“Political violence is not a new phenomenon in Zimbabwe,” Masunungure told The Standard.
“That has been the case since 1980, and we have seen impunity against the perpetrators, mostly of the ruling Zanu PF.
“What has been very common is the persecution of those political players that seem to be threatening the establishment.
“But that has implications on the political atmosphere as it will not promote a level political ground.
“As the situation is right now, we are likely to witness an election that is similar to the previous ones, those that are coupled with violence, and those that will eventually be disputed.”
In the run up to the 2008 presidential run-off election, security forces were accused of spearheading violence against opposition supporters.
Over 300 opposition supporters were killed in the violence that also displaced thousands when the late former leader Robert Mugabe wanted to overturn his first round poll defeat to the late MDC-T leader Morgan Tsvangirai.
Tsvangirai was forced to pull out of the polls due to the violence
Human Rights Watch Southern Africa director Dewa Mavhinga said there was a culture of impunity in Zimbabwe.
“The victims of human rights abuses are denied their right to justice and an effective remedy.
“Perpetrators of abuses enjoy de facto immunity from arrest and prosecution by virtue of their association with Zanu PF,” Mavhinga said.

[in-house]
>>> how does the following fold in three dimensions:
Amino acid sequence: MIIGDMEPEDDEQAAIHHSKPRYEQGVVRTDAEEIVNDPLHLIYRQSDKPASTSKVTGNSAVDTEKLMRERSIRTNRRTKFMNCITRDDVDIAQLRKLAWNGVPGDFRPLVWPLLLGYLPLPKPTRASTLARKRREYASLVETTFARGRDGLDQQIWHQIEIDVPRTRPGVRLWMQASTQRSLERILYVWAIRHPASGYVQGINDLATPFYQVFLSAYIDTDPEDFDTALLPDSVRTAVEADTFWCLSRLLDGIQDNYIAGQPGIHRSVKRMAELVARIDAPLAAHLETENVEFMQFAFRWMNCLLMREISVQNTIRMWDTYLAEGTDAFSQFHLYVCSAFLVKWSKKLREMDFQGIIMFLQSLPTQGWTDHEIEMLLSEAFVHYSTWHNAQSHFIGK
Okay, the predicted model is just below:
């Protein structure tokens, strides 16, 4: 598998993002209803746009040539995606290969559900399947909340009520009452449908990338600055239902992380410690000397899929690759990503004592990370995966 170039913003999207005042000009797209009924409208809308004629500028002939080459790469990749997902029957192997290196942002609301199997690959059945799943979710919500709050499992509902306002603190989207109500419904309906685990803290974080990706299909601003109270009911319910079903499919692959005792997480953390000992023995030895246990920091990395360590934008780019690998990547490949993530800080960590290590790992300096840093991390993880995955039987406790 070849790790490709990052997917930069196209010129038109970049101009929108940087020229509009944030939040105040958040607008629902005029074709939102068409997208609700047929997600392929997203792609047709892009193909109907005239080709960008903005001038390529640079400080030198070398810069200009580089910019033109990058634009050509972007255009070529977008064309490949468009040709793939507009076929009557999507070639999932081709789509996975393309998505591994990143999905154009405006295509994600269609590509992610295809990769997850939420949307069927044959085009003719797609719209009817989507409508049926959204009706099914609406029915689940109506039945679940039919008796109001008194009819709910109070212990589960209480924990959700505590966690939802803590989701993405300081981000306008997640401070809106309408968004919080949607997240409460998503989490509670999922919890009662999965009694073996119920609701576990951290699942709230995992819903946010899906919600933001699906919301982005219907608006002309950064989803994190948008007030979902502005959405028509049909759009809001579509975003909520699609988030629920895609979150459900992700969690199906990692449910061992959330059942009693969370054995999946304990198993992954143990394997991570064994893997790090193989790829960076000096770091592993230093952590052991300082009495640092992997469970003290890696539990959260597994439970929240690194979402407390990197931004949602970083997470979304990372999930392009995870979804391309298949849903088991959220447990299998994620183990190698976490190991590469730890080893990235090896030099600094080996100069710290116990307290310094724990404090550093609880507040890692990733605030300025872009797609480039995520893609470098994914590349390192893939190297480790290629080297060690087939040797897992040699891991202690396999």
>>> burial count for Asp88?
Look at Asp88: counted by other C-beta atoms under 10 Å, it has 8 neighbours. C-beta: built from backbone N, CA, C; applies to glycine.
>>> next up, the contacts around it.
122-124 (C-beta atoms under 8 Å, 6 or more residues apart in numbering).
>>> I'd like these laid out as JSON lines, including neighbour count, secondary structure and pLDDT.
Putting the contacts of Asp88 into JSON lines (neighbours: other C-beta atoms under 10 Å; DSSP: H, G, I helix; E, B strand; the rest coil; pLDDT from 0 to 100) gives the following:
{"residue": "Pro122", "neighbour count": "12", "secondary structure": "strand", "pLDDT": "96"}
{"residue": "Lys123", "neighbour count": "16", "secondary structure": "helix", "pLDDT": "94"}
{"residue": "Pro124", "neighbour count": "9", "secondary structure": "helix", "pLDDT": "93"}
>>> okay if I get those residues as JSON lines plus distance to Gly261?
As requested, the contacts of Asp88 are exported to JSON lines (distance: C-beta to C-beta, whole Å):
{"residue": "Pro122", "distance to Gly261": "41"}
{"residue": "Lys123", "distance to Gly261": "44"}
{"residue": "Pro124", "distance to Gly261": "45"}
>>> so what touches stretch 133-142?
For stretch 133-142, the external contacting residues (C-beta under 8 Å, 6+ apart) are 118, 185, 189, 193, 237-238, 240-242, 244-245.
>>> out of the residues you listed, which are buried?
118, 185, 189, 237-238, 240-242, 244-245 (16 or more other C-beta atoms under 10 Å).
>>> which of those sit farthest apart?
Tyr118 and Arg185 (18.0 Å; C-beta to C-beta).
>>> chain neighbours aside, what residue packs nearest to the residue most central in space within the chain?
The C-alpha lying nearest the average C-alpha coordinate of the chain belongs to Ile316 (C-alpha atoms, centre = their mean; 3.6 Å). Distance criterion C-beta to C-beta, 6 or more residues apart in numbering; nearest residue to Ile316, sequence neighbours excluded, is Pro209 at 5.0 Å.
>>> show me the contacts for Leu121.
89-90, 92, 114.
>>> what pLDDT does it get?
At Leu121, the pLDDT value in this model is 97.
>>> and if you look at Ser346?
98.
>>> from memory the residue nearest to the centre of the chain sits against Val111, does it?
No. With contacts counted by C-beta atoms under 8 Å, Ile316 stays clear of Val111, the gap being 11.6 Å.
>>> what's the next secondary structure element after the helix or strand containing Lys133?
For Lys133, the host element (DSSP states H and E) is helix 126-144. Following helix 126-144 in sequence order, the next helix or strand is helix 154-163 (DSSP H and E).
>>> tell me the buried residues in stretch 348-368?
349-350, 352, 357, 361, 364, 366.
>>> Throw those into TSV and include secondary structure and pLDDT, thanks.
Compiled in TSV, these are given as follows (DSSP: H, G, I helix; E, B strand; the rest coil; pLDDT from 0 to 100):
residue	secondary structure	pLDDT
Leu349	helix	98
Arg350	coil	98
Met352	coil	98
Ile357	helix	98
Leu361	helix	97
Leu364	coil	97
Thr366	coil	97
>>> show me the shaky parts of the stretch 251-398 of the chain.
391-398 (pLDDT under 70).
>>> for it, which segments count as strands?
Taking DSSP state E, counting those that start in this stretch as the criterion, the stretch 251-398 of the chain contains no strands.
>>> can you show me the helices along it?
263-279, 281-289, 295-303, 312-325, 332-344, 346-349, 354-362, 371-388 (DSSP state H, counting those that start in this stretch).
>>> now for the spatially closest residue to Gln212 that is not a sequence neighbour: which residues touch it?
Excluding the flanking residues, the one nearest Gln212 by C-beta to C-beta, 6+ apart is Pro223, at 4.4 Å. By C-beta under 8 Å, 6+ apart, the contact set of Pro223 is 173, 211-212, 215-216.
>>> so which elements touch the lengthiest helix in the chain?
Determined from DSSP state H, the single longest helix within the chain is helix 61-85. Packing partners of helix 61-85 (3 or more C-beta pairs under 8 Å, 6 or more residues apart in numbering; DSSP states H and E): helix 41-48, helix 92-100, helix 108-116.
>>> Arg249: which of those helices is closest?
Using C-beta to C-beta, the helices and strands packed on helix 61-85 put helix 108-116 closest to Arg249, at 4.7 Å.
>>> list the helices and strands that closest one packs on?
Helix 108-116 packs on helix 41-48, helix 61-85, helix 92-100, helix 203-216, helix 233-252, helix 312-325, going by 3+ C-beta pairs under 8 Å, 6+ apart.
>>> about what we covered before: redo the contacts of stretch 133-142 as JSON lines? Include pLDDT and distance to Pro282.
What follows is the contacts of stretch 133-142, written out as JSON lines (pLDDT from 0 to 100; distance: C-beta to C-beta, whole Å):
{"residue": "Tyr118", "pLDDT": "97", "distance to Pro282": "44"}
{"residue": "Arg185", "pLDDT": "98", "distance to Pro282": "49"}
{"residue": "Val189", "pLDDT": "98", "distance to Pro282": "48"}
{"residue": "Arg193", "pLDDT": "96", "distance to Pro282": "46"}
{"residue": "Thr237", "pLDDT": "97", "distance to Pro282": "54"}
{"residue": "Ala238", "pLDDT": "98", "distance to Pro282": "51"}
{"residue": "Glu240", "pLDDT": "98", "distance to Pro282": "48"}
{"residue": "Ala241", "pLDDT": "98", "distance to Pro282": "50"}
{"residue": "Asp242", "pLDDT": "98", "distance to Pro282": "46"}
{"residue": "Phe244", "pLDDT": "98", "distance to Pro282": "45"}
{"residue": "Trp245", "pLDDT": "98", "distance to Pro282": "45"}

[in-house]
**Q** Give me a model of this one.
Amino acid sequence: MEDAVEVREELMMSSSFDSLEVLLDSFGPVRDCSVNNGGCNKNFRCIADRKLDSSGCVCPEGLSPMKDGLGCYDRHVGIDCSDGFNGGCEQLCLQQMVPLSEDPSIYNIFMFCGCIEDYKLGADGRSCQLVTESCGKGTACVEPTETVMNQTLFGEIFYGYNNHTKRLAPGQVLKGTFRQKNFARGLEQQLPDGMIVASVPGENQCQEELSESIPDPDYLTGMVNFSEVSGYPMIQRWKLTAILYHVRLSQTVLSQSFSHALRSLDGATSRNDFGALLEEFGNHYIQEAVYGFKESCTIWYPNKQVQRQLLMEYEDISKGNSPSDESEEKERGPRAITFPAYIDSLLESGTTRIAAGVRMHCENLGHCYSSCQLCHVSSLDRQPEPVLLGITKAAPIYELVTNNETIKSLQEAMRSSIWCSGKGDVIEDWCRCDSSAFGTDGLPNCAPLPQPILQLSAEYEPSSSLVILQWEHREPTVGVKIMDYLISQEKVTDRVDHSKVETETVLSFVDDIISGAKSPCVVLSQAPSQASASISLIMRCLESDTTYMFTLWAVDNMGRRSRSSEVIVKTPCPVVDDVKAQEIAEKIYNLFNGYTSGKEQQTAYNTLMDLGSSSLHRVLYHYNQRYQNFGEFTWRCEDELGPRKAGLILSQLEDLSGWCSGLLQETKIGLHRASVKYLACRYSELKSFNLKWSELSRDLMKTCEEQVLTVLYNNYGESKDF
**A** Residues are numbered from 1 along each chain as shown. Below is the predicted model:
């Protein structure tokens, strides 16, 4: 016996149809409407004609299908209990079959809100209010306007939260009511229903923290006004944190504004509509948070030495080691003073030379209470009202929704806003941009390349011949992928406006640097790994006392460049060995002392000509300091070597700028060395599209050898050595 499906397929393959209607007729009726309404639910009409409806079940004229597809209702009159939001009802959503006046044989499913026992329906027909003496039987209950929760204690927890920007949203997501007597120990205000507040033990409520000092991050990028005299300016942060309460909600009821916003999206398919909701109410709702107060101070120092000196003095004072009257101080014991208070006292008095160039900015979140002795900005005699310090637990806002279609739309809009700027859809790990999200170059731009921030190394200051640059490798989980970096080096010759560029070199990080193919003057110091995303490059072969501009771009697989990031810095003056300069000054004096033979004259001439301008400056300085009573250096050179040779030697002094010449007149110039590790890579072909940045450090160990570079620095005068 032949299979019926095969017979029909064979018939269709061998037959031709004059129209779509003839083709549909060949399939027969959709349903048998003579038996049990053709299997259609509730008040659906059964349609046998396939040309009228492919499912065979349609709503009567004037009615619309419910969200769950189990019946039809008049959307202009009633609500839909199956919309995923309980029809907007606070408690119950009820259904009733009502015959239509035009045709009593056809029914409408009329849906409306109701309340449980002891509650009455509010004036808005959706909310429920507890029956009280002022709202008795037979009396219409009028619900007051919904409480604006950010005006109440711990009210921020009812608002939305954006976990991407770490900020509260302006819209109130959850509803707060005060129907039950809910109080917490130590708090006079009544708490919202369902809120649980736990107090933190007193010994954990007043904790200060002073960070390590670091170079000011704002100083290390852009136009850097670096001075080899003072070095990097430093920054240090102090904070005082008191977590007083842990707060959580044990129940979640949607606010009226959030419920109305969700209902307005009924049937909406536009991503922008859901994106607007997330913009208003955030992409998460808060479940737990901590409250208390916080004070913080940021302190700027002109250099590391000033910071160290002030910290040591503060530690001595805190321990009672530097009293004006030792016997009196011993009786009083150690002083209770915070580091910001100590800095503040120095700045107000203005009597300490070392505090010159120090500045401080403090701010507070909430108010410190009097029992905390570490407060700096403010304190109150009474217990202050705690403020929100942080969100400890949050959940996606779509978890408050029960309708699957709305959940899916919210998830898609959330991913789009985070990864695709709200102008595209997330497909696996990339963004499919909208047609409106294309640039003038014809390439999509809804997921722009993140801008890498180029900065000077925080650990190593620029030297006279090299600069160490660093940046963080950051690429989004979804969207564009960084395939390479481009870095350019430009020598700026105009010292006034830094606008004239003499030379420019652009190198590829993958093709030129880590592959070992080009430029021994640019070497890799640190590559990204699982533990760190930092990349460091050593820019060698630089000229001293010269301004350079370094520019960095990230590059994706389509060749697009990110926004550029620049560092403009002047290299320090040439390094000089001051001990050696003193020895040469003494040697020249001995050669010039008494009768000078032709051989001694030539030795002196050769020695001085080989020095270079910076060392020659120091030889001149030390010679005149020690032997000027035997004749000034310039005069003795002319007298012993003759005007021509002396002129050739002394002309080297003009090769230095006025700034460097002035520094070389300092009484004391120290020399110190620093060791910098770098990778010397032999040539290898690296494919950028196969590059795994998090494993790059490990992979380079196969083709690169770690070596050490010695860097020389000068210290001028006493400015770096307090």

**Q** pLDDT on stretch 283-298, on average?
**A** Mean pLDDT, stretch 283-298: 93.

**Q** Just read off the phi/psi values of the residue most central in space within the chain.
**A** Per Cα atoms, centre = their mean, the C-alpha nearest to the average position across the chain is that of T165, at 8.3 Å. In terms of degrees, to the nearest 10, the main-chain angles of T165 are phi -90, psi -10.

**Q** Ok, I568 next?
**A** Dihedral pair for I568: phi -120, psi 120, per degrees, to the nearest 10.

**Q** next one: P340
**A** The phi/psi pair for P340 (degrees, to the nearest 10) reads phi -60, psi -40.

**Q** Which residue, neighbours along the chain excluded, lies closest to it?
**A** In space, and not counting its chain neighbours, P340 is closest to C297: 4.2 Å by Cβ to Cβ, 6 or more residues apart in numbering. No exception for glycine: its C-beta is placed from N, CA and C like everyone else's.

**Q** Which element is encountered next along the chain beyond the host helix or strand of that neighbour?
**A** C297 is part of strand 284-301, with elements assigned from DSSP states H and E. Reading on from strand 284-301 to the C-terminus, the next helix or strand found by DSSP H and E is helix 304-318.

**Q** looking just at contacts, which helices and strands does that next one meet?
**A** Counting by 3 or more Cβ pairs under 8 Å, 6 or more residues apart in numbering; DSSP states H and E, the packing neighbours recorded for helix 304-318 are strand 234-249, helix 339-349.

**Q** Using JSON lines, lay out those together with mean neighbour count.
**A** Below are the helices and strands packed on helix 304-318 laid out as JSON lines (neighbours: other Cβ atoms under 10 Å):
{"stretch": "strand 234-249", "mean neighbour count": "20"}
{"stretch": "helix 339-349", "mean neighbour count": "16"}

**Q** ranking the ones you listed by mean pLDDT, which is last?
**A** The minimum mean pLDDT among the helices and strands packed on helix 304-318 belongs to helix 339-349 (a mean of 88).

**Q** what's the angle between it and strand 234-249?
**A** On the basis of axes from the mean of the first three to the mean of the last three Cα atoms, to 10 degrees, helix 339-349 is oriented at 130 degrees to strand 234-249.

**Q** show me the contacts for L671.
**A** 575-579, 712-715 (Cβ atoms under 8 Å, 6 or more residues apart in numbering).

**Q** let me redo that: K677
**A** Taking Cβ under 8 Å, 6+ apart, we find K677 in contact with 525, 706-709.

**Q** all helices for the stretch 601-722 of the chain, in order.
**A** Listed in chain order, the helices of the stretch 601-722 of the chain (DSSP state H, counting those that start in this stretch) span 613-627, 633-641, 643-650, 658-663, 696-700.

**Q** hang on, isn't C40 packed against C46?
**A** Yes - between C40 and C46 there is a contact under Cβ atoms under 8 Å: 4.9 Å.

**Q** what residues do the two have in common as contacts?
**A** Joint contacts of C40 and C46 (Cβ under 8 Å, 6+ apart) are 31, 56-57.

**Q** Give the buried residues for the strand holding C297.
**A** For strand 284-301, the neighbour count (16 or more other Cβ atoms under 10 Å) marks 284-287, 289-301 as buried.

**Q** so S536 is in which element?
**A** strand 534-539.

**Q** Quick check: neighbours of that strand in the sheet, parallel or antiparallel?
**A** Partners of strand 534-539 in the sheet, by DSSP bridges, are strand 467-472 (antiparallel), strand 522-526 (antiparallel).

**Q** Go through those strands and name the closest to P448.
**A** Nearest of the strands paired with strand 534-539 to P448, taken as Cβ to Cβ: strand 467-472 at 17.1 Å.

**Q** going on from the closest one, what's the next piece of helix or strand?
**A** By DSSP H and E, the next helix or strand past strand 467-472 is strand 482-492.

“Action againts past and on-going political violence is essential if Zimbabwe is to end violence and restore the rule of law.
“With elections coming up in 2023, the lack of accountability and justice for past abuses raises the spectre of further violence and poses a significant obstacle to the holding of free, fair, and credible elections.
“Unless the police find the political will to impartially investigate, prosecute, and ensure appropriate punishment and reparations, human rights violations will continue.”
The Zimbabwe Peace Project said police were acting in a partisan manner; colluded with ruling party activists in blocking opposition MDC Alliance activities, which was promoting public violence.
Police spokesperson Assistant Commissioner Paul Nyathi said he was out of office and could not comment on the matter.
Zanu PF acting party spokesperson Michael Bimha stuck to the ruling party’s stance that the opposition was staging managing the attacks.
“Allegations that Zanu PF was involved in the alleged violent cases are baseless and mischievous,” Bimha said.
“The ruling party is an independent institution from the police.
“There is nothing that has been presented so far to link the party to accusations of interfering with the course of justice.”
He added: “We know the opposition shenanigans.
“Whenever there is a high ranking official in the country they want to put on a fake show that there are human rights abuses so that the sanctions that were imposed on Zimbabwe remain in force.
“Sanctions are meant to disrupt successful plans by President Emmerson Mnangagwa aimed at turning around the economy, but the tricks will not succeed.”
However, the claim by Bimha contradicted party acting political commissar Patrick Chinamasa, who claimed Masvingo villagers were behind the attacks because they did not want to be addressed by Chamisa.